Habitat for Humanity adds three new countries, bringing total to 92
With more people living in poverty, Habitat for Humanity extends its ministry to achieve the goal of ending poverty housing around the globe
AMERICUS, Ga., Dec. 1, 2003 – Habitat for Humanity International plans to begin building soon in Suriname, Tajikistan and Rwanda, increasing to 92 the total number of countries served by the world’s largest non-profit homebuilding agency.
Within two years, the world’s largest non-profit homebuilder hopes to expand its building program to 100 nations as it continues its global mission to end poverty housing.
In Suriname, the Ministry of Housing has delivered a formal letter of intent to partner with Habitat for Humanity Suriname. This support is critical, given the need for government land donations to be successful. In addition, HFH Netherlands, and another Christian National Government Organization in the Netherlands that is also active in Suriname, have pledged support to raise funds in Europe.
The Republic of Suriname, the former Dutch Guyana, has a large territory in the northern tip of the Southern Hemisphere of Latin America. With fewer than 450,000 people, it is one of the most sparsely populated countries in the world, predominantly covered by forest. It is home to numerous ethnic groups including Indigenous, African, Indonesian, Hindu, Chinese and Arab descendents, who speak no less than 15 languages.
Many families live in poverty, and the national economic situation has worsened significantly in the past 20 years. In the capital, Paramaribo, and nearby, more than 50 percent live below the poverty line. Housing is the single, greatest need in Suriname today according to the government and news media. The government estimates a need for 20,000 units (out of a total of less than 100,000 family households nationally). Twenty five percent of all housing in Paramaribo is less than 50 square meters in size. Many of the wooden houses built in the early 1900s are barely holding up.
In 1962, Rwanda gained independence from Belgium. Ethnic rivalry between the Tutsis and Hutus came to a pinnacle in the 1994 genocide, which crippled the fragile economic base and left 800,000 dead and two million displaced.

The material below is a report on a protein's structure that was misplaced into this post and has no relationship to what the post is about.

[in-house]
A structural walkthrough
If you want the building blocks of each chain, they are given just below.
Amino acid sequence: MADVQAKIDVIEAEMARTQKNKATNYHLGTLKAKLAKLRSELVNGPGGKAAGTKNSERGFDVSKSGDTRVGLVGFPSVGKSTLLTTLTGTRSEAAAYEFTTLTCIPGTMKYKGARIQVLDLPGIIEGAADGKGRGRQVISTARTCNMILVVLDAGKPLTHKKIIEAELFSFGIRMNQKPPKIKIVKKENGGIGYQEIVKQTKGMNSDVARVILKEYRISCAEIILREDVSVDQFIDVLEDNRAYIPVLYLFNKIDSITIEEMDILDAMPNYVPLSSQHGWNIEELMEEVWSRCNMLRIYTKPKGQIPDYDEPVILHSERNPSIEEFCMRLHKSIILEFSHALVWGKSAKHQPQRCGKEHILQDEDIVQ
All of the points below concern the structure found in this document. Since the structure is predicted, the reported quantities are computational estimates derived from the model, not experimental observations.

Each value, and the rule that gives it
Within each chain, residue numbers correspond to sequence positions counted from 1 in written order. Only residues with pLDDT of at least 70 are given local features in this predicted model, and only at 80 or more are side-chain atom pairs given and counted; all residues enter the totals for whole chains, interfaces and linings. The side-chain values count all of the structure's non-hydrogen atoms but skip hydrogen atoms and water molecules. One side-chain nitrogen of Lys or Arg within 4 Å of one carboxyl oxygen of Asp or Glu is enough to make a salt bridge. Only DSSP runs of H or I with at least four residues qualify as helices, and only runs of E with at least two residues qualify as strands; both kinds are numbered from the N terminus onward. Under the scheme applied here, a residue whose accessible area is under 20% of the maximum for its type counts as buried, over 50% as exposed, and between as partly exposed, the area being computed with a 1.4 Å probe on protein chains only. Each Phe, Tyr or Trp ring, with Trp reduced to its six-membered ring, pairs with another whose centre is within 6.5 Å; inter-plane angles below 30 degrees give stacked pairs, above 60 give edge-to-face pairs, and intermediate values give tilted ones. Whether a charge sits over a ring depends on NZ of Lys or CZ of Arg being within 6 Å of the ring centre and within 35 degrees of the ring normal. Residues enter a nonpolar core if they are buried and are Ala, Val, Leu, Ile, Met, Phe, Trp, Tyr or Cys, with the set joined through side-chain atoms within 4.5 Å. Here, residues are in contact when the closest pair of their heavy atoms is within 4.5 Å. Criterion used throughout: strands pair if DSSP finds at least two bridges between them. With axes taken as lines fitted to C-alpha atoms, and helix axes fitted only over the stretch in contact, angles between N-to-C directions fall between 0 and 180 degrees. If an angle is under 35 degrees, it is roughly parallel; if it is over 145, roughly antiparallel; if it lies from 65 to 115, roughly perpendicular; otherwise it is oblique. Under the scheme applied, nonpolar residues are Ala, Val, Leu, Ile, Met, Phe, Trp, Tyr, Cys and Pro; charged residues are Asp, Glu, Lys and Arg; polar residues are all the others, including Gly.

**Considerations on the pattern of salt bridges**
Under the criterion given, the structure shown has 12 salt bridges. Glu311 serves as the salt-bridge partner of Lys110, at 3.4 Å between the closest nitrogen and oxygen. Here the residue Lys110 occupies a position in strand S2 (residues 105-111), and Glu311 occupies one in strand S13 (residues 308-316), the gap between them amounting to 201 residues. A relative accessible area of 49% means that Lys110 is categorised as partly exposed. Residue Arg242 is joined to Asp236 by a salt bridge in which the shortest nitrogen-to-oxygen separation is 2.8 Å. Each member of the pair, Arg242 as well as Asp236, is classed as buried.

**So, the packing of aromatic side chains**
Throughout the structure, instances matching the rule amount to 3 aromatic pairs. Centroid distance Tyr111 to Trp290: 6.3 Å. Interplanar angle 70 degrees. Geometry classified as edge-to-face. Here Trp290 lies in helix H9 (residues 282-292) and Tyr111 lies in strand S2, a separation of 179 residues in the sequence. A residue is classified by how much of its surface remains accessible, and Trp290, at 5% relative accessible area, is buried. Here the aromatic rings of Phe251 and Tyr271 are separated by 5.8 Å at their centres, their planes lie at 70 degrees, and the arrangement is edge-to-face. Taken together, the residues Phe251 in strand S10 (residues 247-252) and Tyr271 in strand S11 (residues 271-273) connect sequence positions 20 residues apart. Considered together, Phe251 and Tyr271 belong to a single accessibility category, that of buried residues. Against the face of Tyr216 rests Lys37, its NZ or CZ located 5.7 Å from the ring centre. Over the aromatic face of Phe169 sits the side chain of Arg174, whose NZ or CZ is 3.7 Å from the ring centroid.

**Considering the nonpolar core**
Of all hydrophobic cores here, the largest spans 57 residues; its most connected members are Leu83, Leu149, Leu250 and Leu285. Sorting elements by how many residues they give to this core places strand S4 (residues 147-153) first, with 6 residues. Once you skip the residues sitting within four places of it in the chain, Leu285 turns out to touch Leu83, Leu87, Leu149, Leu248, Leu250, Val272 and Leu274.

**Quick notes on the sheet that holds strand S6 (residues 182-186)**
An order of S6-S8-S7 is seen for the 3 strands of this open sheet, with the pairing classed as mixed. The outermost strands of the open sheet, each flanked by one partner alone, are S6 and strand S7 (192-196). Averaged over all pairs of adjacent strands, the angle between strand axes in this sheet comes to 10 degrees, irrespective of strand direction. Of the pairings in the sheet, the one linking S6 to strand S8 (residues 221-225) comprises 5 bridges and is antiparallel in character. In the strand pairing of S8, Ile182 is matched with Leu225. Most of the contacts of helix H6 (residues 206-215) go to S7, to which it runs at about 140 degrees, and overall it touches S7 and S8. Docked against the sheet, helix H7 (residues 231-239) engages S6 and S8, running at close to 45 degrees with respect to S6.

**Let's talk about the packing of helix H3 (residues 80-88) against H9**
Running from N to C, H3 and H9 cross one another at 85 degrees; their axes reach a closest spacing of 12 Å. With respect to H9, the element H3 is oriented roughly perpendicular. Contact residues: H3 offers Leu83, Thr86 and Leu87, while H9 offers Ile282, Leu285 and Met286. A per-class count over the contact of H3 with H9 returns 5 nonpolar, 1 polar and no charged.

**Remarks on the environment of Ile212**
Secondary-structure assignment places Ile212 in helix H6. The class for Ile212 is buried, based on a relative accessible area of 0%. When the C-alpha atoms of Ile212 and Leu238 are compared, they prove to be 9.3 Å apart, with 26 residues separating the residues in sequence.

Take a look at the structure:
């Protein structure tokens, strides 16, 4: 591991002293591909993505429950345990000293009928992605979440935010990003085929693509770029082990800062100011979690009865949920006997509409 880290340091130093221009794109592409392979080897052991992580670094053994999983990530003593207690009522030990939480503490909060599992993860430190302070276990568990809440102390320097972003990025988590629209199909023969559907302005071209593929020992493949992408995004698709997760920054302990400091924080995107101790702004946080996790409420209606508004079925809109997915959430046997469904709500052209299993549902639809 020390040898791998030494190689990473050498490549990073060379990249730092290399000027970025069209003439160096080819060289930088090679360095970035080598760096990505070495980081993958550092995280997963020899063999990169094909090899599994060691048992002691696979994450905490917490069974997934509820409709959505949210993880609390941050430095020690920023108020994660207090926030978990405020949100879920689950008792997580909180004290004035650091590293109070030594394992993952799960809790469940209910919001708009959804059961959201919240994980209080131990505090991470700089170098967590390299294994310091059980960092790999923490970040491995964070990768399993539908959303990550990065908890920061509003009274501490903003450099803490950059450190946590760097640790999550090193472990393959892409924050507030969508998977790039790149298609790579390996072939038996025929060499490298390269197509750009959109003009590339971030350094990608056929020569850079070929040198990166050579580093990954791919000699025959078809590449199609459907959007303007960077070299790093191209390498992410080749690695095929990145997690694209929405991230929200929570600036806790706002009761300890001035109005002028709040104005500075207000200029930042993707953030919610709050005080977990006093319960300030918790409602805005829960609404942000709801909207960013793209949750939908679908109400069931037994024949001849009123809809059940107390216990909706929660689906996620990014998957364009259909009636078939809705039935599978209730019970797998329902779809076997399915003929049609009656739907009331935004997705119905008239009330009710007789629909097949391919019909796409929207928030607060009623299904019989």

Rwanda is the most densely populated country in Africa, and providing for basic needs remains one of its greatest challenges. President and Maj. Gen. Paul Kagame, elected in 2003, targets hope for economic development in tourism, tea, coffee, and information technology, yet the full impact of the 1994 atrocities has yet to be determined.
In 2003, Habitat for Humanity Africa and the Middle East launched a partnership with URWEGO – an emerging Rwandan micro finance institution operated through World Relief. Identifying decent shelter as a primary need among their client base, URWEGO called upon Habitat for Humanity to partner in a one-year Home Improvement Loan (HIL) pilot project.
Through this URWEGO-driven initiative, applicants work through collectives called “URWEGO Community Banking” groups. These groups are eligible to participate in the HFH Home Improvement Loan after successfully completing five loan cycles with reasonable success. Families within the groups must also meet requirements, which ensure their need and credit-worthiness. Once eligibility requirements are met, Habitat for Humanity will work to train and facilitate family selection, and provide technical expertise to more than 280 qualified families in Kigali and the rural zones of Rwanda.
Habitat for Humanity International, in partnership with Shelter for Life International (formerly Shelter Now), has worked in Tajikistan since 1998. The project began in Kurghon-Teppa, by building 15 homes in partnership with families in need. In 2001-2002, 42 homes were built and dedicated in Khujand.
In April 2003, the Ministry of Justice officially registered Habitat for Humanity Tajikistan Foundation as a foundation. Explorations for partnership opportunities are under way with other international and local NGO’s active in Khujand and Tajikistan. Habitat for Humanity International – Europe and Central Asia is negotiating with Shelter for Life International to prolong the present partnership.
Tajikistan’s economy has had difficulty recovering from the loss of U.S.S.R. markets and subsidies. By 1998, the inflation rate had risen to 46 percent, and with the lower per capita gross domestic product among the former Soviet republics, the poverty rate continues to climb.
The Civil War (1992-1997) severely damaged the already weak economic infrastructure and caused a sharp decline in industrial and agricultural production. Eighty percent of the people in Tajikistan continue to live in abject poverty. 50,000 people died during the war, with every one of ten homes destroyed and more than 600,000 left homeless.
Habitat for Humanity International is a Christian ministry dedicated to eliminating poverty housing. Founded in 1976 by Millard Fuller, along with his wife, Linda, Habitat for Humanity International and its affiliates in more than 3,000 communities in 92 nations have built and sold more than 150,000 homes to partner families with no-profit, zero-interest mortgages. For more information about Habitat for Humanity International, please visit the web site at http://www.habitat.org./